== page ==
IT would be the late 70s. We would be standing in a queue on Inverkip Street outside the Victorian Carriage at the back of six.

The doors opened at half past and the band came on stage at eight-thirty. If you weren’t in that queue you didn’t get in.

The band was Joe Lethal. Two guitars and a drum kit. Loud. Mostly covers. Feelgood, Chicago, Steppenwolf, Stones. They made the songs their own. It was boisterous and sweaty and sometimes the management pulled the plug to get everyone down from the tables. But it was great and we were part of it!

There were lots of other venues about Inverclyde at the time but it seemed to be the Carriage or the Locker, in the basement of the Ashton Hotel, where we usually found ourselves.

Sometimes it was the Dead Skunk Band. Sometimes it was Panache!

Music is often characterised by the decades. They say that if you remember the sixties you weren’t there. The sixties laid the foundations for what was to come next. The seventies gave you everything and not much new has really happened since.

You had this wheen of great singer songwriters. You had the Motown stuff. And then you had three big genres, the creative pomposity of Prog, the instant gratification of Glam, and then its antidote which was Punk!

Glam died a long while ago and is remembered fondly. The punks now meet up at the tennis club do or at the golf club. Anarchy for them now is a black t-shirt without a collar. Prog has moved to a new level though. Its vinyl sells! Most of its music was created around fifty years ago. Its composers are now around the eighty mark or have already shuffled off this mortal coil, some more dramatically than others. The complexity of its pieces compare closer to classical music than to pop and it’s finding a new appreciative audience.

It was a delight therefore to be in attendance at a packed yacht club in Gourock at the weekend watching Outside the Original, an incredibly talented combo featuring local keyboard player, Suzanne McKenzie. The music of Floyd, ELP, King Crimson, Yes and Genesis. The full twenty three minutes of Supper’s Ready was a triumph. Musicianship of the highest order and a privilege to be in the room.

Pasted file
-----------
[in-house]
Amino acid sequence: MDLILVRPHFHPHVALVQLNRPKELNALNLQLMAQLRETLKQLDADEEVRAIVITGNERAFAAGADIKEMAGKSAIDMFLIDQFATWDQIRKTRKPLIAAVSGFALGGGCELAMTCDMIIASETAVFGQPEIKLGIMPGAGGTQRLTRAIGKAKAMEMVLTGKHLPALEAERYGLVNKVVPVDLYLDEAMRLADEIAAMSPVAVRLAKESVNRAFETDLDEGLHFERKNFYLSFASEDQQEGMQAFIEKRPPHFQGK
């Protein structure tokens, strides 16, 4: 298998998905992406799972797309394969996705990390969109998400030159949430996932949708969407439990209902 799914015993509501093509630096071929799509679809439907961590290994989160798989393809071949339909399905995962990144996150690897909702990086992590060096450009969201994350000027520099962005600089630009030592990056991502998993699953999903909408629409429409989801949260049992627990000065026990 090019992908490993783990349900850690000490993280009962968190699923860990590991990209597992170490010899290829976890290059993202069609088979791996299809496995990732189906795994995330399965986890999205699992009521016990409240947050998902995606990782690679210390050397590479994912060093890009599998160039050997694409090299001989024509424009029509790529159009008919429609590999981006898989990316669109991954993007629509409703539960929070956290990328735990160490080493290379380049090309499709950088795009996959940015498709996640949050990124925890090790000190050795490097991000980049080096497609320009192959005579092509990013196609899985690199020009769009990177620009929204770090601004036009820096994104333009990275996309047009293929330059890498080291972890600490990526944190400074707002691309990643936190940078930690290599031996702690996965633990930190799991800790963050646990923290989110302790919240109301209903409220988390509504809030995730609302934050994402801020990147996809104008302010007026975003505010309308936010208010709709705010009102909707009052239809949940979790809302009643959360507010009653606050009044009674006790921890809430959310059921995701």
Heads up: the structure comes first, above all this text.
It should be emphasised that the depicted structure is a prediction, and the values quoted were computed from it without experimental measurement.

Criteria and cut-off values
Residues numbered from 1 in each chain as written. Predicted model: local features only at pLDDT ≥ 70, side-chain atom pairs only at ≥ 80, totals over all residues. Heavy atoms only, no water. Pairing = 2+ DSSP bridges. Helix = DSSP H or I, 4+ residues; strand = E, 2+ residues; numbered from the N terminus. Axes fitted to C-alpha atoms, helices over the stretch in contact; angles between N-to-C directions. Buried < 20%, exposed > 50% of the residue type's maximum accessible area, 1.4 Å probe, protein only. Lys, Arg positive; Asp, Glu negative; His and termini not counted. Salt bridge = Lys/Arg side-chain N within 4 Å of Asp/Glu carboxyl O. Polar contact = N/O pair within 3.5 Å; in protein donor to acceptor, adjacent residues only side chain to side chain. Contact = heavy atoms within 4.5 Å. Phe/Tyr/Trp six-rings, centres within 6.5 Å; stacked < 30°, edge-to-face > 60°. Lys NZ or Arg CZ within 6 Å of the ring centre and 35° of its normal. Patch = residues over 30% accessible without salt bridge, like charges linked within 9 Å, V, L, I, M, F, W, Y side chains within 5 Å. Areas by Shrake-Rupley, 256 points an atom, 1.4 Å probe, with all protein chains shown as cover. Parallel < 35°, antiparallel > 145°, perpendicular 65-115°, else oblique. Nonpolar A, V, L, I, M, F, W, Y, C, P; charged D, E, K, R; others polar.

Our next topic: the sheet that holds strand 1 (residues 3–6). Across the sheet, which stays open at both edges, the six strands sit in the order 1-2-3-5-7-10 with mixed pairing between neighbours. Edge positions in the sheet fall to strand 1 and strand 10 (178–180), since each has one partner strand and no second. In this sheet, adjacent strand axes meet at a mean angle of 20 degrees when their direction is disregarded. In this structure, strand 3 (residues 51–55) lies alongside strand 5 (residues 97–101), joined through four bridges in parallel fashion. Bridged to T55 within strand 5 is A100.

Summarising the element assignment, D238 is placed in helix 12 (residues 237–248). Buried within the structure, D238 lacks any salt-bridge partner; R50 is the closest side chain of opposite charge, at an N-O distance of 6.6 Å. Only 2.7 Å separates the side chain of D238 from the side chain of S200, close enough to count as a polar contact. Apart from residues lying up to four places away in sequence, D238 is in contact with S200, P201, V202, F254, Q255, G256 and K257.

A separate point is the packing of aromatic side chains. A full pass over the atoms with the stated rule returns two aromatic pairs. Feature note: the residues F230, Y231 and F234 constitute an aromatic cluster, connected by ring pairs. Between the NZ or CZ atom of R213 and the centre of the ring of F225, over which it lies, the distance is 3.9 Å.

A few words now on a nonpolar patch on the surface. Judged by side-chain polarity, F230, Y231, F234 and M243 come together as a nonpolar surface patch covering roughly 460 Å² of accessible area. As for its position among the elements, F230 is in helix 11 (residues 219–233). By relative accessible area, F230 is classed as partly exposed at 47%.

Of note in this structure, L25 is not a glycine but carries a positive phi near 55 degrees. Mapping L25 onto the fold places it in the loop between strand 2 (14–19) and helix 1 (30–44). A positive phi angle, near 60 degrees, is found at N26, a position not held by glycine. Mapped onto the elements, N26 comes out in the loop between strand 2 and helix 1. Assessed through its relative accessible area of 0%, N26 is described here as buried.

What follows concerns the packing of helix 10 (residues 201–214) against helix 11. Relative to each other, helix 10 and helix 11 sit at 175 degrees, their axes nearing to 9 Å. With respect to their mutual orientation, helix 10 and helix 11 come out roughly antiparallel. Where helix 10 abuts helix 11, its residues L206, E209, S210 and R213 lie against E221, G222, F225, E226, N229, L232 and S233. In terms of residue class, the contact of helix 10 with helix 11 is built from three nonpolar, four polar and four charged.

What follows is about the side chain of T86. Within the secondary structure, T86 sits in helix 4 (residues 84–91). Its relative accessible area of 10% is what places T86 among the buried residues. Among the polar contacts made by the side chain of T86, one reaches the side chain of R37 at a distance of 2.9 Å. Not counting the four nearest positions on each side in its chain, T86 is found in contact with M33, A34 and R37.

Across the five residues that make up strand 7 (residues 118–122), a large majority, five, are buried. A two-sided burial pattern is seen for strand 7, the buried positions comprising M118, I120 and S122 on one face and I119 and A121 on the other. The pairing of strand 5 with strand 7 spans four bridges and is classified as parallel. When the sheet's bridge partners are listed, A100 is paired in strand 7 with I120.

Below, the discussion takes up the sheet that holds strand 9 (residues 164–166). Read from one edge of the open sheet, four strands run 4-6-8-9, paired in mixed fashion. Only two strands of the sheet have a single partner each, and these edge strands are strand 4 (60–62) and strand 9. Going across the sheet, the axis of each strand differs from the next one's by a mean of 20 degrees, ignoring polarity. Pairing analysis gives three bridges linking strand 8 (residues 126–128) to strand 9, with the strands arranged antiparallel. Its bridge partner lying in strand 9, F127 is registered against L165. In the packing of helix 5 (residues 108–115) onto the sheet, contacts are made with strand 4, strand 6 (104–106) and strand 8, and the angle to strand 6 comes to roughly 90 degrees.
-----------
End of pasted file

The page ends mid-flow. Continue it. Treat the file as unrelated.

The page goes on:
The week before it was the Albany. Moving Pictures. The music of Rush. And what a job they made of it! Sixty and seventy year old guys inspired to find the energy to get the air guitars out. Live music at its best. Small venues often hand out the most memorable occasions. Ian McNabb in a room in Largs. James Grant against a bar in Inverkip come to mind.

Two years ago a young chap called Hamish Hawk and his band played a set in Greenock Central Library to around fifty people. A few weeks ago he sold out the Barrowlands in Glasgow where he took feeding off the audience to a new level with his clever lyrics and catchy tunes. Grassroots to stardom indeed!

And grassroots music is where it’s at, and that’s something that Inverclyde has always connected with, always that undercurrent. Rig Arts have their School of Rock. The Music Departments of our schools are turning out a constant flow of talent. Come to the Schools Spring Gala Concert tomorrow night in the Town Hall and be amazed.

Seek out the live venues locally. For a few quid you can have a better night’s entertainment than you would forking out an arm and a leg to sit in some cavernous auditorium watching the folk down the front enjoy a concert!

Support live music, support small venues, spot the rising stars, and keep your money in Inverclyde!